Tuesday, 18 March 2008

White Stuff And Green Business: Recycled Paper Company Has a Good and Bad Week

The last few days have been good ones and bad ones for Quebec paper company Cascades. Part of the roof on its sorting facility north of Montreal collapsed a week ago because of snow accumulation, But the “green” company got a boost Monday when the Globe and Mail reported that its paper towels were recently found to be the only product among 1,018 supposedly ecologically correct items made by many companies that wasn’t fudging green credentials.

The Globe’s story said that TerraChoice Environmental Marketing Inc. checked out products sold in big box stores against their claims, and only Cascades was telling it straight. According to the story, Cascades was begun in the 1950s when Antonio Lemaire found himself blacklisted for union organizing in a textile plant. To make a living he turned to recuperating industrial and municipal waste, in effect recycling long before the practice became the thing to do. A half century later, his son Alain directs a company that is poised to break into larger markets, the Globe’s story said.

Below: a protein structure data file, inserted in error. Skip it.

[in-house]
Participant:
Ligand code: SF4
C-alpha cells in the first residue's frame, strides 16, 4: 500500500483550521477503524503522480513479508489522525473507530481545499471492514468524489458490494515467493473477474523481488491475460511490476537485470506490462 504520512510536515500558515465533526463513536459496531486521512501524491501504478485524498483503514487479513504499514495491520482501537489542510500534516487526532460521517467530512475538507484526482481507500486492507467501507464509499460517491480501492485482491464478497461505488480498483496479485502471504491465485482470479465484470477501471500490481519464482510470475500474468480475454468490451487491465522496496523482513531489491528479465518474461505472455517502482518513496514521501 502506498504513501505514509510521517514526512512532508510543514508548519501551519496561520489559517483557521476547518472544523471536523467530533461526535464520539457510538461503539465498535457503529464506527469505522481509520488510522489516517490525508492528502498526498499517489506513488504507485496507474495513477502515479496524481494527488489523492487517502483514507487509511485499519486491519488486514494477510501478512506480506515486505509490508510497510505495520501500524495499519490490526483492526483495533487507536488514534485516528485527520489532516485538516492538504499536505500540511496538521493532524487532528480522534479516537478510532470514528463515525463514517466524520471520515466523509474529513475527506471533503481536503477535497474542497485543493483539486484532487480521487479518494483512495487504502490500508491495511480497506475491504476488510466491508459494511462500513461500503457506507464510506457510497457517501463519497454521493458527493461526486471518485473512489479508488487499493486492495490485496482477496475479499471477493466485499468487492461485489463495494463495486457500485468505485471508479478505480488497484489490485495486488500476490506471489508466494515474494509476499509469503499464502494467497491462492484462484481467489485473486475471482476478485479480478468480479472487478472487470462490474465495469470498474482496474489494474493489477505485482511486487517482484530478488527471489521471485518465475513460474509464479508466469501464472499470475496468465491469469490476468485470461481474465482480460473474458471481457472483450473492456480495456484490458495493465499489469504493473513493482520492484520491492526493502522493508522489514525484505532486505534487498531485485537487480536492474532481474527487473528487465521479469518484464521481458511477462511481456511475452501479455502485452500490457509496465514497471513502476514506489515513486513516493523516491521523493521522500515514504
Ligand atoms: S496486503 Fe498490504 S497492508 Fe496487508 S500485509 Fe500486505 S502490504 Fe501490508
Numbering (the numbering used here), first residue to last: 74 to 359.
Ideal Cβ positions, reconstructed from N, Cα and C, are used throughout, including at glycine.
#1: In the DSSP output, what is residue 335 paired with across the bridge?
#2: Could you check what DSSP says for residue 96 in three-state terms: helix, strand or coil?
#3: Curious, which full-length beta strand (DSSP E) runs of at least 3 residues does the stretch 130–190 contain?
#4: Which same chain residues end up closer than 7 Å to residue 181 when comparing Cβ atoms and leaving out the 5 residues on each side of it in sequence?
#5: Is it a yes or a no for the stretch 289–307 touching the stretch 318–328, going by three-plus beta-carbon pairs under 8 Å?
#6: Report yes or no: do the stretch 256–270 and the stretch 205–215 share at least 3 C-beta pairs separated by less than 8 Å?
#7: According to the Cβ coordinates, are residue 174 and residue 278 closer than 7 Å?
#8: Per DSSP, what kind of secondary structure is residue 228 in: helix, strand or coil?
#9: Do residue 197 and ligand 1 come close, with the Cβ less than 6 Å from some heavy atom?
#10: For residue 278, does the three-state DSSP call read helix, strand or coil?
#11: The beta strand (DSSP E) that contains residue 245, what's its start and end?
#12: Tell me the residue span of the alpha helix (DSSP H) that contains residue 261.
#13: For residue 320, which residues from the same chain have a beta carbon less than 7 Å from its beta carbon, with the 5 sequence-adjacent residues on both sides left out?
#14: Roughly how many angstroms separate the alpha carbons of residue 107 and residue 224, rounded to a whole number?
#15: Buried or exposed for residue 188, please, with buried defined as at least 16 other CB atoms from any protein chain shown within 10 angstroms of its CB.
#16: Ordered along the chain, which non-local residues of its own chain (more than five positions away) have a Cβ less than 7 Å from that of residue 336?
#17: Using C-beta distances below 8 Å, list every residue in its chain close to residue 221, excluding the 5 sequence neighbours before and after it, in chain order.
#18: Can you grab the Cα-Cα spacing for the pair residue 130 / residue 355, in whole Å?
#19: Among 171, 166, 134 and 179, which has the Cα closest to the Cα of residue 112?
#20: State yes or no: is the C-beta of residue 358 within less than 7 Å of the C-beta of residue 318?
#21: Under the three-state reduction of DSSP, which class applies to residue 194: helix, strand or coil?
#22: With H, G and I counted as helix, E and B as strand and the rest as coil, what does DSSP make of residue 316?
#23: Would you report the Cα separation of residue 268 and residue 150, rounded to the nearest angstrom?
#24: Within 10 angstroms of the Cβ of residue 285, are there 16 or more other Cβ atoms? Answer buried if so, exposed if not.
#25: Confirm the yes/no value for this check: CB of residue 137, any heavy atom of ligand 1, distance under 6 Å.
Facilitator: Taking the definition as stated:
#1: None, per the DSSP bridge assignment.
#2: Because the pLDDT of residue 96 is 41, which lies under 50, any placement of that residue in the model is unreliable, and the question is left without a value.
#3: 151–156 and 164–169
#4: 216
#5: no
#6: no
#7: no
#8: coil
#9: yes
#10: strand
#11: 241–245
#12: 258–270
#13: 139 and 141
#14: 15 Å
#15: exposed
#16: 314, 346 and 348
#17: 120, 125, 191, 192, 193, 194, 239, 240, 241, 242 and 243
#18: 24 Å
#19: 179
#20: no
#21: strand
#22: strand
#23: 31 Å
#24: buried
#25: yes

Cascades recorded a small profit in the last quarter of 2007, much better than it had done in the same period the year before. Its products include toilet paper, paper towels, tissues, wipers, and a line of fine papers. For a complete list of products and outlets, check out the website.

As for the problems caused by damage to the plant, the company is assuring customers that it will be business more or less as usual. Sure hope so: it would be too bad if all that white stuff did in what appears to be a green enterprise worthy of encouragement.

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